While the midday sun was sending forth his warm rays, we came abreast of Marblehead, and speeding along we reached Green Island at 1 o’clock.

Having passed Barr Point Lighthouse we chose our halting place on the Canadian shore near _Amherstburg_, a small village pleasantly situated on the Detroit River.

As the yacht was fastened to the dock, the heavens were yet illumined by the parting day; which gave us opportunity to admire the superb spectacle on the opposite shore. Its southwestern extremity was adorned with numerous verdant islands of various size and form; some stretching for miles in length–the largest containing a circumference of fourteen miles; several so small that they seemed destined for a race of fairies; others in clusters; and some like beautiful vestals, in single loveliness, whose holy vows ordained them forever to live alone.

The last streak of light had faded from the west, and a pale lustre kindling in the eastern portions of the sky, became brighter and brighter till the white falcated moon was lifted up above the horizon; while uncountable stars appeared to reflect their brilliancy in the waters below. This delightful scene around us, so perfectly filled and satisfied our sense of beauty that we reluctantly gave up our comfortable seats on the stern-deck, notwithstanding an advanced time of night.

On the following morning the sun rose in his clearest splendor. As soon as that flood of luminous rays which constitutes day, was flowing on the crystalline sea, we departed from this romantic country scene in Canada.

Sailing along, we approached the terminus of our voyage on Lake Erie, which is considered the most dangerous of all the Great Lakes as to navigation, owing to its comparative shallowness–its mean depth, being about ninety feet–and the consequent liability to a heavy ground swell. The peculiar features of this body of water are its inferior depth and the clayey nature of its shores, which are generally low; on the south, however, bordered by an elevated plateau, through which the rivers have cut deep channels.

Though the lake possesses but a small number of good harbors, the amount of traffic on its waters, and on the connecting railways is enormous.

This inland-sea, presenting us only sights of utmost quietude and peace, has been the scene of a naval engagement between the British and Americans, September 10, 1813, in which the latter were victorious. The view we enjoyed was not in the least adequate to remind us of warfare; on the contrary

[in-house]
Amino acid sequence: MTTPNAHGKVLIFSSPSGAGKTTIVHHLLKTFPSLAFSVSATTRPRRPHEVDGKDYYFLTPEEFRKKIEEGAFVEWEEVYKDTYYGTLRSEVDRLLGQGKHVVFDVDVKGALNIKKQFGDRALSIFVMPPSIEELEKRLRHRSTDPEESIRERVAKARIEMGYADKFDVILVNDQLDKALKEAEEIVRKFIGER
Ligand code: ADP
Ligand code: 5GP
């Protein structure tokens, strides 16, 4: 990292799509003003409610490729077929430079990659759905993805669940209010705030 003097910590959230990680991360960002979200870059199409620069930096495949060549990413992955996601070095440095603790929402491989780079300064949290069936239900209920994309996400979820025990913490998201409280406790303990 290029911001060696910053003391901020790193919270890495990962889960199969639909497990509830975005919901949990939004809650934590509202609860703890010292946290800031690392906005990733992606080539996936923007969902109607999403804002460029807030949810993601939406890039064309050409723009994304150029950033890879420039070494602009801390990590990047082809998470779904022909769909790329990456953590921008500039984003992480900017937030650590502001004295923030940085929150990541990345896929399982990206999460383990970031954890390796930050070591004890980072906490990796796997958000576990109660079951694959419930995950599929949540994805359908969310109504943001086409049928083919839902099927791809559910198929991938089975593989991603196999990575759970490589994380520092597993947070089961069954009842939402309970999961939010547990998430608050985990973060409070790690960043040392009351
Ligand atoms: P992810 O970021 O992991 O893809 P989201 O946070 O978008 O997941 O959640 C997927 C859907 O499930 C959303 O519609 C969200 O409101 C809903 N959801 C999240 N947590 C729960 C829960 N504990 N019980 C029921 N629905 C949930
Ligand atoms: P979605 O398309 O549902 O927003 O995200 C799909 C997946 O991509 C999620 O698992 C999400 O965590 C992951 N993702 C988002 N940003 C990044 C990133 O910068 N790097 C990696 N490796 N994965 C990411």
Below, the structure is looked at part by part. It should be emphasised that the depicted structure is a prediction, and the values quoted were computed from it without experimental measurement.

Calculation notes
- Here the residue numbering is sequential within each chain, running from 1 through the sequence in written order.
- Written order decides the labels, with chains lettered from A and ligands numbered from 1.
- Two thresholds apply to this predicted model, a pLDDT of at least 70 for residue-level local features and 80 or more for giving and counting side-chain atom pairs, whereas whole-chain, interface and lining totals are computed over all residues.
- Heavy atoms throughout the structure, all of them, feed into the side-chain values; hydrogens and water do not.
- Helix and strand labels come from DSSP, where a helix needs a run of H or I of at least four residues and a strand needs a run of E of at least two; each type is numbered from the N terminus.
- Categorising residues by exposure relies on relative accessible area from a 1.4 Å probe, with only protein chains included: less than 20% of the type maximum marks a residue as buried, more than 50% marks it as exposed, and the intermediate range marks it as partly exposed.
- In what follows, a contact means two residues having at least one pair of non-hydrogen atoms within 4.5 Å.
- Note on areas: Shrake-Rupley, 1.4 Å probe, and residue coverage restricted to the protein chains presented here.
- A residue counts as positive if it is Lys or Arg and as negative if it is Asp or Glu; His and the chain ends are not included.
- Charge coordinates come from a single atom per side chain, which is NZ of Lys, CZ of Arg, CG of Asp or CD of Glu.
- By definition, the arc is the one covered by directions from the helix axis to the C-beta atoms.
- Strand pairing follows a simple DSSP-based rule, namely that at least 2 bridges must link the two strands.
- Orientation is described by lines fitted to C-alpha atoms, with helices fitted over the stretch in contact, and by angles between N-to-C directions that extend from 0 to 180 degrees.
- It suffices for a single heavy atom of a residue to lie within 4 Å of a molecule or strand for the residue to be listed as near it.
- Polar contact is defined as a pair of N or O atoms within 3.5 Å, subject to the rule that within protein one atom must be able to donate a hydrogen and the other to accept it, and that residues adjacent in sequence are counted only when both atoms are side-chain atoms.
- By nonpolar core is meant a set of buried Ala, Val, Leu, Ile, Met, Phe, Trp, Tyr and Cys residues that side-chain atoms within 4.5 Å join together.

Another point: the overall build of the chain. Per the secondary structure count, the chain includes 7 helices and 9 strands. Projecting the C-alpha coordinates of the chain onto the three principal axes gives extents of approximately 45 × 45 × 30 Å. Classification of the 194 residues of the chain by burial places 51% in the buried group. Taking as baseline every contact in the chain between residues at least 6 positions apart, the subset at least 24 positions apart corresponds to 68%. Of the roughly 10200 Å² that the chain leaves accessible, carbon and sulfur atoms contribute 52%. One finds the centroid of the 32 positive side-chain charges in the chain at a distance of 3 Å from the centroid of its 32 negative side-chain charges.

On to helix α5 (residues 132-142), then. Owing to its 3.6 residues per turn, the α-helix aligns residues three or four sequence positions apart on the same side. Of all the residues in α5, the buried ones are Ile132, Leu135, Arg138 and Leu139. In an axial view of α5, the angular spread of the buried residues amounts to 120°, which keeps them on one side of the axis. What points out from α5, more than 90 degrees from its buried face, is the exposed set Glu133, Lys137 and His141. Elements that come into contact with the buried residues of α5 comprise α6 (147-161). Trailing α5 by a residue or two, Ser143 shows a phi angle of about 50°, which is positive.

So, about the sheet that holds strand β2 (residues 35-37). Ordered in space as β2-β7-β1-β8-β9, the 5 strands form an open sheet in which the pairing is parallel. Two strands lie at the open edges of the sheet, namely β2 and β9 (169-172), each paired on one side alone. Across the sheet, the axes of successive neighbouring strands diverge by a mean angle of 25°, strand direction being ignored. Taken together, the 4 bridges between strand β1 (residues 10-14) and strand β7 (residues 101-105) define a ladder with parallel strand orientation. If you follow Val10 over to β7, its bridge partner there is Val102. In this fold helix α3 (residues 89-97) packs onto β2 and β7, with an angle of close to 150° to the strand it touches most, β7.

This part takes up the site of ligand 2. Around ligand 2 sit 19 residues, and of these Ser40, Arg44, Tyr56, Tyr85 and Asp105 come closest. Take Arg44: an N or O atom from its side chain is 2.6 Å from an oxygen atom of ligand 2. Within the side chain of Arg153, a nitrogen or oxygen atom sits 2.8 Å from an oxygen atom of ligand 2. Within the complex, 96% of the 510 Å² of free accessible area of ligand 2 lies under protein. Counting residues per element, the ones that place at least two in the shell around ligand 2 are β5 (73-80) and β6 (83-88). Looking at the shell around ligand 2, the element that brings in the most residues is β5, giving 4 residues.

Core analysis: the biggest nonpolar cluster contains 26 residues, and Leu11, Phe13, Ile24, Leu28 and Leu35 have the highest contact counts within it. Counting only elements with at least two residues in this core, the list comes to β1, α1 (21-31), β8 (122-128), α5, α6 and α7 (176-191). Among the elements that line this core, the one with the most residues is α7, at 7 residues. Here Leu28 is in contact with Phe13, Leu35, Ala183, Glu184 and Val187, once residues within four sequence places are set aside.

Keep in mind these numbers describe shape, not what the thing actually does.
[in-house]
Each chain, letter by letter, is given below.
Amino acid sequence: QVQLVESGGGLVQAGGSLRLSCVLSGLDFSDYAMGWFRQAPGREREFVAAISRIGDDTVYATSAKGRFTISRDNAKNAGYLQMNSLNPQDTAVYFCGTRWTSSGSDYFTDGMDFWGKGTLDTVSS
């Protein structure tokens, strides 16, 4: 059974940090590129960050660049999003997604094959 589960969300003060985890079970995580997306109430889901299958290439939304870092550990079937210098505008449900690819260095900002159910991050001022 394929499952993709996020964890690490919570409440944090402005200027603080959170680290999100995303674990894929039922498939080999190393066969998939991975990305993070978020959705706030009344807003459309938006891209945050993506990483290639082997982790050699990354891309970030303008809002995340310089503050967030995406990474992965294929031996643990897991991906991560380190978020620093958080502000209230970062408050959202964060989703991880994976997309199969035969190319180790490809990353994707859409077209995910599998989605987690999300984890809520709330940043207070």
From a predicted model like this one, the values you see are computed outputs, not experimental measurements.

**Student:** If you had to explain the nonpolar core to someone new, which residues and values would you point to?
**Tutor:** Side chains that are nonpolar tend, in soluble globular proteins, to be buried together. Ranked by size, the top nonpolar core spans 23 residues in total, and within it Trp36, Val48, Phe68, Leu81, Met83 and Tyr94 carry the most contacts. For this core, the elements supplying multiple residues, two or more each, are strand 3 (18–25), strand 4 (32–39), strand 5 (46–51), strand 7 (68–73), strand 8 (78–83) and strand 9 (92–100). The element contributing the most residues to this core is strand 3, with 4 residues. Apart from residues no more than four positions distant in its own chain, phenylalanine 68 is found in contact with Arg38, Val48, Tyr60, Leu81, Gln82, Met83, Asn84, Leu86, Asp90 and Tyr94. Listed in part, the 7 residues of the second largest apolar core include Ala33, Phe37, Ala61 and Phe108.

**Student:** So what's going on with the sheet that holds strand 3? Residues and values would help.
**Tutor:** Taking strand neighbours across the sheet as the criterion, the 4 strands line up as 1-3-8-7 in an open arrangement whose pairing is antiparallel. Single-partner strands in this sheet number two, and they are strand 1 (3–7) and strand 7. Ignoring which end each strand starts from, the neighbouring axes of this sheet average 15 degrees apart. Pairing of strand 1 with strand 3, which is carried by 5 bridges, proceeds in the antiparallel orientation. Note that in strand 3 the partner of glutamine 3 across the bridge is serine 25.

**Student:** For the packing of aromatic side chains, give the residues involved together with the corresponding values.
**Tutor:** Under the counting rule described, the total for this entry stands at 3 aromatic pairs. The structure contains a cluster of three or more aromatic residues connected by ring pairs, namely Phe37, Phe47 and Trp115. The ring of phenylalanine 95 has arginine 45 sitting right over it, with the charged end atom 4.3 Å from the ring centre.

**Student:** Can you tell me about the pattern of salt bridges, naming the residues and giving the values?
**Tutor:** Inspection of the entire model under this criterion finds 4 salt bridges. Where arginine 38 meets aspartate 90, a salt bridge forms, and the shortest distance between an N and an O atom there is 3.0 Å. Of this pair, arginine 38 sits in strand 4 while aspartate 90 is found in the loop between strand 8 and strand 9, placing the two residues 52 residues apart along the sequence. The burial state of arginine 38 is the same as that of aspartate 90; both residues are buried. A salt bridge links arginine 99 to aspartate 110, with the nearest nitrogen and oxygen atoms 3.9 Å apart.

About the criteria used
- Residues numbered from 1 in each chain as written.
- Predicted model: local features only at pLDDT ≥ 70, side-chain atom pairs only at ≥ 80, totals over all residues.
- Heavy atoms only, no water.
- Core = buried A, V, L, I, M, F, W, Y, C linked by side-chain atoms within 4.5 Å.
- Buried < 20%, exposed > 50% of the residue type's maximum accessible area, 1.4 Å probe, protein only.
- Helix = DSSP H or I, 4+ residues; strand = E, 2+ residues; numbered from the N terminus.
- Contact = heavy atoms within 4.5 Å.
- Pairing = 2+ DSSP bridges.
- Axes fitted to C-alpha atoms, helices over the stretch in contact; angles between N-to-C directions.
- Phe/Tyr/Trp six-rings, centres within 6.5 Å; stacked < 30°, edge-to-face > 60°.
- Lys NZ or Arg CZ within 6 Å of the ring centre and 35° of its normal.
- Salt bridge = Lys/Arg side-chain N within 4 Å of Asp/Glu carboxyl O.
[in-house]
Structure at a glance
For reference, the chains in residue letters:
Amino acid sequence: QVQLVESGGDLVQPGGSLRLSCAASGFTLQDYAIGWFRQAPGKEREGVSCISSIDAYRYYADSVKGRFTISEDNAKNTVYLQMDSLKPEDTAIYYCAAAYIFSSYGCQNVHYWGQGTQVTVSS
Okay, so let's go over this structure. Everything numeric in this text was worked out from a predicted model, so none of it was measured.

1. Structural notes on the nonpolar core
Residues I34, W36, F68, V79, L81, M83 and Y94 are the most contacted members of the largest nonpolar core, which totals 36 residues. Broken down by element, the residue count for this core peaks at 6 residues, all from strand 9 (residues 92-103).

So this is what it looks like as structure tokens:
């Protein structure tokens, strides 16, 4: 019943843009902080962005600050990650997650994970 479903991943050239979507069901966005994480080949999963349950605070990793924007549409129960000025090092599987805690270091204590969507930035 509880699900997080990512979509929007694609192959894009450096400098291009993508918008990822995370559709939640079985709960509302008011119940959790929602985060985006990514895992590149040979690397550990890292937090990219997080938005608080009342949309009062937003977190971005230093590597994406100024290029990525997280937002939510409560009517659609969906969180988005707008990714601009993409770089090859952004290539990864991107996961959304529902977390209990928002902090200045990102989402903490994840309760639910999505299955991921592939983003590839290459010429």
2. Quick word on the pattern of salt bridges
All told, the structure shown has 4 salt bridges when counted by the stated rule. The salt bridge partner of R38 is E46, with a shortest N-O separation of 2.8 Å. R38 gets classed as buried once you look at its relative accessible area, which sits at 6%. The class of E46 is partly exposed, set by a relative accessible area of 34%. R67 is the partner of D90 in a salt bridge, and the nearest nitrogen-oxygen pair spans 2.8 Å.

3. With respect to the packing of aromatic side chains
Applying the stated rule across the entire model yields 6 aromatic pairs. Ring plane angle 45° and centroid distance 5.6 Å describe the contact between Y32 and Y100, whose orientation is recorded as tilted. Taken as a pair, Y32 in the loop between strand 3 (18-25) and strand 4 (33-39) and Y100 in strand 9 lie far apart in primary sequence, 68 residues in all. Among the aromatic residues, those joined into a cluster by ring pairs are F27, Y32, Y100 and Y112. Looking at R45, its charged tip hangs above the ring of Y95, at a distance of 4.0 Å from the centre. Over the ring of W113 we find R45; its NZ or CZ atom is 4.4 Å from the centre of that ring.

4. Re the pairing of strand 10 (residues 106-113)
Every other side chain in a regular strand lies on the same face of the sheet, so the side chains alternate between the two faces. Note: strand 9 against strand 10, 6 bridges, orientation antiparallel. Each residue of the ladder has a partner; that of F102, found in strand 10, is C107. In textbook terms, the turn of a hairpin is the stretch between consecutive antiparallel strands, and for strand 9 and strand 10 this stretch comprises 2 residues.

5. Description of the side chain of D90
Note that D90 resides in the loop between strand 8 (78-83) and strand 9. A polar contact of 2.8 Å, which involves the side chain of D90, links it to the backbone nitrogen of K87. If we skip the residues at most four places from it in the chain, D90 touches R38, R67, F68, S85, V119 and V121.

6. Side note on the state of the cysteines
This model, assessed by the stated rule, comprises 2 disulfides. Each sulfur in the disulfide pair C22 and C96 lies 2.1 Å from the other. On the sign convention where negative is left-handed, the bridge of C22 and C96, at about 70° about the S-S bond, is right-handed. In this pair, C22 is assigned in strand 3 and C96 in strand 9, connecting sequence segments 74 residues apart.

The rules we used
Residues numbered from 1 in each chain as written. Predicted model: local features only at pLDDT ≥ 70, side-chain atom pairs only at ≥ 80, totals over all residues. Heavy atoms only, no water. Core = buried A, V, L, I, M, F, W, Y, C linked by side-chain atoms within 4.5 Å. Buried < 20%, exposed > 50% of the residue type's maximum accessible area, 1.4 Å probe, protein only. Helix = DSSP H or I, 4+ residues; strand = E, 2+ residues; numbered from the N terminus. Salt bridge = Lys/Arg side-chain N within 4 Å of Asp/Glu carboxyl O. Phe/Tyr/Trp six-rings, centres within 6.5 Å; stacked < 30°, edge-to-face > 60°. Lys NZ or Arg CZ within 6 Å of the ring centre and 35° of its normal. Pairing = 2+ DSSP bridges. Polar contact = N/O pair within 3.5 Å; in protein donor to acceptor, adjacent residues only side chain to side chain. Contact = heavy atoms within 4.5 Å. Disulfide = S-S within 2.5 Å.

“The sun in heaven shone so gay:
All things were joyful on that day.”

It was yet early in the morning when we neared the city of Detroit, having almost reached the head of _Detroit River_ which separates the United States from Canada. Being about one-half to three-quarters of a mile wide, and five and one-half fathoms deep, the river flows with a pretty swift current.

_Detroit_ is the most important city of Michigan, opposite the Canadian town Windsor.

Eighteen miles north of Lake Erie, it stretches with its suburbs about five miles along the river, and the central part extends for about two miles back from the shore. Approaching the city, we were more and more delighted with its attractive appearance. The streets, from fifty to 100 feet wide, are for the most part ornamented with rows of trees. A number of avenues, having an unusual width, diverge from the Grand Circus, a spacious park semi-circular in form, which is divided into two quadrants by Woodward Avenue. Connected with the former is the Campus Martius, a public place about 600 feet long and 250 feet wide. Detroit comprises many magnificent structures. One of the chief public buildings is the city hall, facing the Campus Martius, with fronts on four streets. It counts among the finest edifices of the kind in the west. Built of sandstone, it is designed after the Italian style of architecture, surmounted by a tower 180 feet high. Its cost amounted to $600,000. Other prominent structures are the opera house, the office of the Board of Trade, the custom house, and the Roman Catholic cathedral.

The commercial facilities of the city are very extensive. The Detroit River is a connecting link in the great chain of lake navigation, and affords the best harbor on the inland-seas. Detroit is not only the center of a great railroad system; more than 350 vessels are owned here, and numerous daily lines of steamers run to various points of the lakes. Its manufacturing industries are very important and consist of iron, flour, tobacco, cigars, lumber, and bricks. The extensive Pullman Car Works are situated here; also one of the seven pin factories in the United States.

Settled by the French, early in the eighteenth century, Detroit passed into the hands of the English in 1763. It was then besieged for eleven months by the Indian chief Pontiac; ceded to the Americans in 1783, but not occupied by them till 1796. As a city, it was incorporated in 1824; and its present population is estimated to be 235,000. It was the capital of Michigan from 1837 till 1847, when that honor was transferred to Lansing.